UCLA tied USC again in 1941, 7-7. The Bruins finally broke through in 1942 with a 14-7 win over their cross-town rivals, who had to admit that they were rivals. That propelled the Bruins into the Rose Bowl. Powerful Georgia, led by running back Frank Sinkwich, overwhelmed them, 9-0. UCLA’s quarterback, Bob Waterfield, went on to great stardom with the Los Angeles Rams. His girlfriend caused a bigger stir; typical of that touch of Hollywood glamour that has always shone brightly at UCLA. Her name was Jane Russell, the focus of Howard Hughes’s notorious obsession with her ample breasts in The Outlaw, later Marilyn Monroe’s co-star in Gentlemen Prefer Blondes.
Under coach Bert LaBrucherie, led by consensus All-American Burr Baldwin, UCLA was 10-0 in the 1946 regular season. This included a 13-6 triumph over USC and an 18-0 victory over Nebraska. The final AP poll ranked them fourth, but both Notre Dame and Army tied each other and were not playing in a bowl game. If the Bruins could beat Illinois in the first-ever PCC-Big 10 Rose Bowl match-up, then they could argue bragging rights. The Bruins instead got a lesson in Big 10 toughness and (their) overconfidence when the Illini smothered them, 45-14.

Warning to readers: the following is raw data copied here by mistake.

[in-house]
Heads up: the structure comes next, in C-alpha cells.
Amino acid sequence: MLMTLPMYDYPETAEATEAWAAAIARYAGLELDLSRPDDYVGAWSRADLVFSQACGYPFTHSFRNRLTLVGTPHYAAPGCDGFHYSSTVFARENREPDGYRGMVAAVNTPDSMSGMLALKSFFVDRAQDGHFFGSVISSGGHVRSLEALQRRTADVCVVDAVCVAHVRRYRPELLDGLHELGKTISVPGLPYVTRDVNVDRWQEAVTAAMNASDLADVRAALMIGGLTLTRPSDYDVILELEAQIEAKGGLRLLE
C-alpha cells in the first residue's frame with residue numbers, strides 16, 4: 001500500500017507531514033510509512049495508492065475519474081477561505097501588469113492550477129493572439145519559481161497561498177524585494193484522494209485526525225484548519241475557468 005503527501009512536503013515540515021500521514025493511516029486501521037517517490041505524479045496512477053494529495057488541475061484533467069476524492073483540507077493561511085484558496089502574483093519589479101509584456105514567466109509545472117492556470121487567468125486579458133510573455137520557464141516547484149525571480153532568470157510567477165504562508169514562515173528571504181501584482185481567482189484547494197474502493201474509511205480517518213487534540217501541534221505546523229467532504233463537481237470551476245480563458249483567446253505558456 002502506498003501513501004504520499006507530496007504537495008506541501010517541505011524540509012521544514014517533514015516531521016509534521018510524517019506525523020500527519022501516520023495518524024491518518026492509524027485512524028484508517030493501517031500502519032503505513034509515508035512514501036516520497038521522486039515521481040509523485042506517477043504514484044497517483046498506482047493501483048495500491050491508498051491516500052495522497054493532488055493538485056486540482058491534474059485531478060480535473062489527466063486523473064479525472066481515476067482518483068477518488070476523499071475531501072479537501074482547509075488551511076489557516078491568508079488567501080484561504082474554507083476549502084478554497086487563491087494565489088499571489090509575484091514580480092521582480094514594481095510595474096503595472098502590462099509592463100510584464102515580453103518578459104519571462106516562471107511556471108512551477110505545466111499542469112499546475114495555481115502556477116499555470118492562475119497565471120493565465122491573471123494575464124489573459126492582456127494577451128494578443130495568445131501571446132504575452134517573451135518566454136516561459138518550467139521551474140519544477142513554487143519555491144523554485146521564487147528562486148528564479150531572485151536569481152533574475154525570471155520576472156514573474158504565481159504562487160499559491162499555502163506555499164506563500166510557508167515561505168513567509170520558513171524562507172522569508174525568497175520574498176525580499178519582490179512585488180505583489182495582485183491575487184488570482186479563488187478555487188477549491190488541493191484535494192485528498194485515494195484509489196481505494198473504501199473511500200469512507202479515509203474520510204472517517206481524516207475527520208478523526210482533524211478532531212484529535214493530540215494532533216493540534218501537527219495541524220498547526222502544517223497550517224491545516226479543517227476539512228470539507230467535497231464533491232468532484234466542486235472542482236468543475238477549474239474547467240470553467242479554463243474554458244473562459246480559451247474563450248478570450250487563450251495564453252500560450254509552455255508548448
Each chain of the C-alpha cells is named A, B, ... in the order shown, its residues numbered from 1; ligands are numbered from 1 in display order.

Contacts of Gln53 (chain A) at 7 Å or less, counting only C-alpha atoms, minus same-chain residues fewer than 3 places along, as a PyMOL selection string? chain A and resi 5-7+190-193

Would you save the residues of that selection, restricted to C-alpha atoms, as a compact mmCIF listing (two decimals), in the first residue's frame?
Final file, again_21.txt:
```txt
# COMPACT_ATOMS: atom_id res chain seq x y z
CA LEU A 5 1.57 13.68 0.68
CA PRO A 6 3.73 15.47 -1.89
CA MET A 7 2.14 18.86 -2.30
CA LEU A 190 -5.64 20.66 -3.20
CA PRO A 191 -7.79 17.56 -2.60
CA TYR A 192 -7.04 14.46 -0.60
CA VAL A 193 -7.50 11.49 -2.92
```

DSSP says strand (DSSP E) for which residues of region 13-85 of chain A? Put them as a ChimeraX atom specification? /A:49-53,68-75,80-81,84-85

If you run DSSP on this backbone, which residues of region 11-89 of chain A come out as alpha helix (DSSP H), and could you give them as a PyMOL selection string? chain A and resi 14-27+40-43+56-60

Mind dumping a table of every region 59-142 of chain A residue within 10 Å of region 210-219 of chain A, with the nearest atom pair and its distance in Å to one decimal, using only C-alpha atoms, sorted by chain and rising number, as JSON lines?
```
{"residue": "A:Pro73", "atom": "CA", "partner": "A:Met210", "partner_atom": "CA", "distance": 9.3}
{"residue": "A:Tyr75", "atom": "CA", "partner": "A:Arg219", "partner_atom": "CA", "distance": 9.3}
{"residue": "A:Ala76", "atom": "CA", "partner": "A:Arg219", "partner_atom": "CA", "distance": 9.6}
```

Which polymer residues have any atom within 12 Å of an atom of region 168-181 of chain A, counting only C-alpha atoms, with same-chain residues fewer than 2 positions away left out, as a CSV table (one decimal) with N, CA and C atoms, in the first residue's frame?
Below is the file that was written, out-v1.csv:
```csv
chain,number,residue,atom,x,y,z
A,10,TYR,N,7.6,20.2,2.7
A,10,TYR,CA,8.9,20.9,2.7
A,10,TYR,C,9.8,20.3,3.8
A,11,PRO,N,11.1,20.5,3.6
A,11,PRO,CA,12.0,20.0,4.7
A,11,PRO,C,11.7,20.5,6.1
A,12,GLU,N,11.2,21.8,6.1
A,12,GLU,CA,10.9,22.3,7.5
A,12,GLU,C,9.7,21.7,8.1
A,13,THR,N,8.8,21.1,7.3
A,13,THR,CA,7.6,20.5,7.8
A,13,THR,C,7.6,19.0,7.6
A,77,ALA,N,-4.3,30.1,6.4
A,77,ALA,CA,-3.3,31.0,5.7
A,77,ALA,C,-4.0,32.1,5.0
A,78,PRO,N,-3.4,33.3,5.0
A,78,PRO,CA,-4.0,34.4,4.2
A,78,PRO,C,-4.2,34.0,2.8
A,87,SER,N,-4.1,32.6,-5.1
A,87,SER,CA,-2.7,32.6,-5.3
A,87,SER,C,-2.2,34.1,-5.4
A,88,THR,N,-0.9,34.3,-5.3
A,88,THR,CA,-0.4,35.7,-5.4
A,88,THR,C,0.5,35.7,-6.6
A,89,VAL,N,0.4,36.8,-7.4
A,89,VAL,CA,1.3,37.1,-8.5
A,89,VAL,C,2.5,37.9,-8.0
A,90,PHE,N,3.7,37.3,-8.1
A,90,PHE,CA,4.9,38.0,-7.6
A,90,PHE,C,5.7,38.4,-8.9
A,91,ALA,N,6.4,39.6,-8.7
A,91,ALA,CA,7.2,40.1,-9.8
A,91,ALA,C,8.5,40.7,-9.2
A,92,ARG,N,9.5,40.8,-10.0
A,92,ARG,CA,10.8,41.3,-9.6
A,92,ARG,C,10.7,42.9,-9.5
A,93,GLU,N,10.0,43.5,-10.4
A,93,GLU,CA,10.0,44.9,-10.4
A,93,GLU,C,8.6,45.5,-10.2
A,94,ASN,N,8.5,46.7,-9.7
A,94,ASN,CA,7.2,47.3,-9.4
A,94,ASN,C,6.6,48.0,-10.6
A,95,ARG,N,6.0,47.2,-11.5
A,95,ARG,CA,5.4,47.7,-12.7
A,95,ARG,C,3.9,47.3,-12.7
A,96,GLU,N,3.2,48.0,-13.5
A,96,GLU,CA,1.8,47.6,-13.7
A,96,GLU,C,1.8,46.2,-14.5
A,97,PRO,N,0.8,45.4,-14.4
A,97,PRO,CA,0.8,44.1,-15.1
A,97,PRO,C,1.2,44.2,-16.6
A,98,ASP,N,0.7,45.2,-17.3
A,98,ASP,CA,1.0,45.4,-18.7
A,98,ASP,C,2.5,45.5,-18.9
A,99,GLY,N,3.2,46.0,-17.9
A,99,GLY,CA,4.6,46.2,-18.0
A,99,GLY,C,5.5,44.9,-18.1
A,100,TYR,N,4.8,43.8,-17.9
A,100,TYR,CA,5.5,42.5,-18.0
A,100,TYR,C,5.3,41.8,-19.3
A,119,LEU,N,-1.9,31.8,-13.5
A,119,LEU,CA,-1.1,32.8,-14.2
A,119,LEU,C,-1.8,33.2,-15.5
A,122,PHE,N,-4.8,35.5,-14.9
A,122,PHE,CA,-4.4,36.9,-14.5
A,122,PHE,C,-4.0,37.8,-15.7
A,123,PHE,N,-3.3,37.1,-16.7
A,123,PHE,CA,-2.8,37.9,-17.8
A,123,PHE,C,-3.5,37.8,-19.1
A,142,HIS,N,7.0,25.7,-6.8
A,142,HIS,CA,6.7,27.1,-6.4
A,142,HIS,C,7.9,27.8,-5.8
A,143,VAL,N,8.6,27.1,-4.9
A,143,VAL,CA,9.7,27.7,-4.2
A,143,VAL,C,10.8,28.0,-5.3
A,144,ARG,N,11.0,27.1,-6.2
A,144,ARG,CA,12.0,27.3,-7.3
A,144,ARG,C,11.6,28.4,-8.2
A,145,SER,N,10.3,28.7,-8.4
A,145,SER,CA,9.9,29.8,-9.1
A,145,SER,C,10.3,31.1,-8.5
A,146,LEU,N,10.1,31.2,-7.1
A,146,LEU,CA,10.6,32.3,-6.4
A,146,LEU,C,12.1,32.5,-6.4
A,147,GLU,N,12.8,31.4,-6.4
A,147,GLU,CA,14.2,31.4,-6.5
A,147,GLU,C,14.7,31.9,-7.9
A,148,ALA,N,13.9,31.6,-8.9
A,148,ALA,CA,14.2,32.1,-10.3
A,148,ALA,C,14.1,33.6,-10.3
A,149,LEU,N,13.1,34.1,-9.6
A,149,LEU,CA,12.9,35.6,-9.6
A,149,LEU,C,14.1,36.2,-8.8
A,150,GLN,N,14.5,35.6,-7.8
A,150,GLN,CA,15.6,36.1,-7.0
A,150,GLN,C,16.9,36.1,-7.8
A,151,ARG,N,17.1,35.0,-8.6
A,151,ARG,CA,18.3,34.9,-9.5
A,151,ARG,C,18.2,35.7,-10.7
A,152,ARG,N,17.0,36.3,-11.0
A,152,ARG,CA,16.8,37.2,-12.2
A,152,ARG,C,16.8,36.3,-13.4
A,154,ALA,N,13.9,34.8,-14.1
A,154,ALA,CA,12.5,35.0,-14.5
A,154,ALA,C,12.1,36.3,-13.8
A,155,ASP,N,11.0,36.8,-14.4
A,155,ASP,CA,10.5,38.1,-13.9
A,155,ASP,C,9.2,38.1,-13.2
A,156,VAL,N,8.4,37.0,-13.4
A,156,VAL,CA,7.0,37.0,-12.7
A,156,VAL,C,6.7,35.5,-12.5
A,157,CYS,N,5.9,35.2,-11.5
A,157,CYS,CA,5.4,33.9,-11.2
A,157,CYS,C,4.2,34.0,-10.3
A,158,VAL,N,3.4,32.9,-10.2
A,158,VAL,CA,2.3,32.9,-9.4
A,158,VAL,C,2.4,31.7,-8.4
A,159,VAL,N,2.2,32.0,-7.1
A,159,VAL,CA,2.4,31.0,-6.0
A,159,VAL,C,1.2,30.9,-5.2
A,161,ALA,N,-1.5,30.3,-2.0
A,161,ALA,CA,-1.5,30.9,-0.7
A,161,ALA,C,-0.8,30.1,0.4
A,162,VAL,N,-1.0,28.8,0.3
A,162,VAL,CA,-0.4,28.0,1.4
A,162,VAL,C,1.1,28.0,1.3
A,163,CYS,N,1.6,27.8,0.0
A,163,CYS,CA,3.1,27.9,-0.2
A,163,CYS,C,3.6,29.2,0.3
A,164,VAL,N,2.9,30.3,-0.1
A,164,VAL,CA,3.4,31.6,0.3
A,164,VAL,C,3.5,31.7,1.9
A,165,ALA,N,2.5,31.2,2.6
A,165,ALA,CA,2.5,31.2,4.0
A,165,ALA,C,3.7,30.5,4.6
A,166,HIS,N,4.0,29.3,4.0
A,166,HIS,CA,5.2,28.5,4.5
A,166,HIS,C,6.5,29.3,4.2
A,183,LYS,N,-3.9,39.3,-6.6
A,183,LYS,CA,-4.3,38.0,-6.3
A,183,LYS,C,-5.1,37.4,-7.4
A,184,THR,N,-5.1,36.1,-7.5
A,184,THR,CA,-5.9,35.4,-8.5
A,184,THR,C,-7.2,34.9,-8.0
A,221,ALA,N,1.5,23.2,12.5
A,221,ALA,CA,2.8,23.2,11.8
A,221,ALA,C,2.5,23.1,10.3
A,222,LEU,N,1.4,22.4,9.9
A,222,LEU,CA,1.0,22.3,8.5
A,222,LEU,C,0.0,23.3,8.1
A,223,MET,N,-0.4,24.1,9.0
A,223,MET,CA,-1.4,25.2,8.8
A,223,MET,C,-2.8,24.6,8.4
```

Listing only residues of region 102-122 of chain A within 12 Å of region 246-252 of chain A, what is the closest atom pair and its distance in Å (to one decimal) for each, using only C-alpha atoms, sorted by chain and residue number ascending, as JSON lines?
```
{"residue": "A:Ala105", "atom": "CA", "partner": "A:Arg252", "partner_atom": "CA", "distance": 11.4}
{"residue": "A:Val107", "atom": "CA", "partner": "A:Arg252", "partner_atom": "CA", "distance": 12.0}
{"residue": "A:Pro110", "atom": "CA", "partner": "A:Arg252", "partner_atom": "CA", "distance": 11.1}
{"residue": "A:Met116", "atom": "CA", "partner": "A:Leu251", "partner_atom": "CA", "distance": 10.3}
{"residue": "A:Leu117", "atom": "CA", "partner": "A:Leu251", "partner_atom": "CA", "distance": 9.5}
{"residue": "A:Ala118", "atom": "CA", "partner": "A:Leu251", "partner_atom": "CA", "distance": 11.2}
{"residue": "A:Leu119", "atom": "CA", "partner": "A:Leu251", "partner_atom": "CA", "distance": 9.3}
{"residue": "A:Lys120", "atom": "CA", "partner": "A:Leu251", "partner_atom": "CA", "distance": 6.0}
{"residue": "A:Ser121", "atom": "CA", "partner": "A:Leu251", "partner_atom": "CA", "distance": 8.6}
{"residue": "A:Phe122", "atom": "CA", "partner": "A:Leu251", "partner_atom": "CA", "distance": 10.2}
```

In 1949, arguably UCLA’s greatest coach arrived in Westwood. Henry “Red” Sanders was a Southern man charged with coaching the most integrated program in the country.
“Yes, I’m prejudiced,” Sanders stated, “in favor of the player who can block, tackle and run fast.”
Sanders immediately recognized that the USC-UCLA battle was on par with any of the big rivalries in the country.
“The USC-UCLA game isn’t a matter of life and death,” he opined, “it’s more important than that.”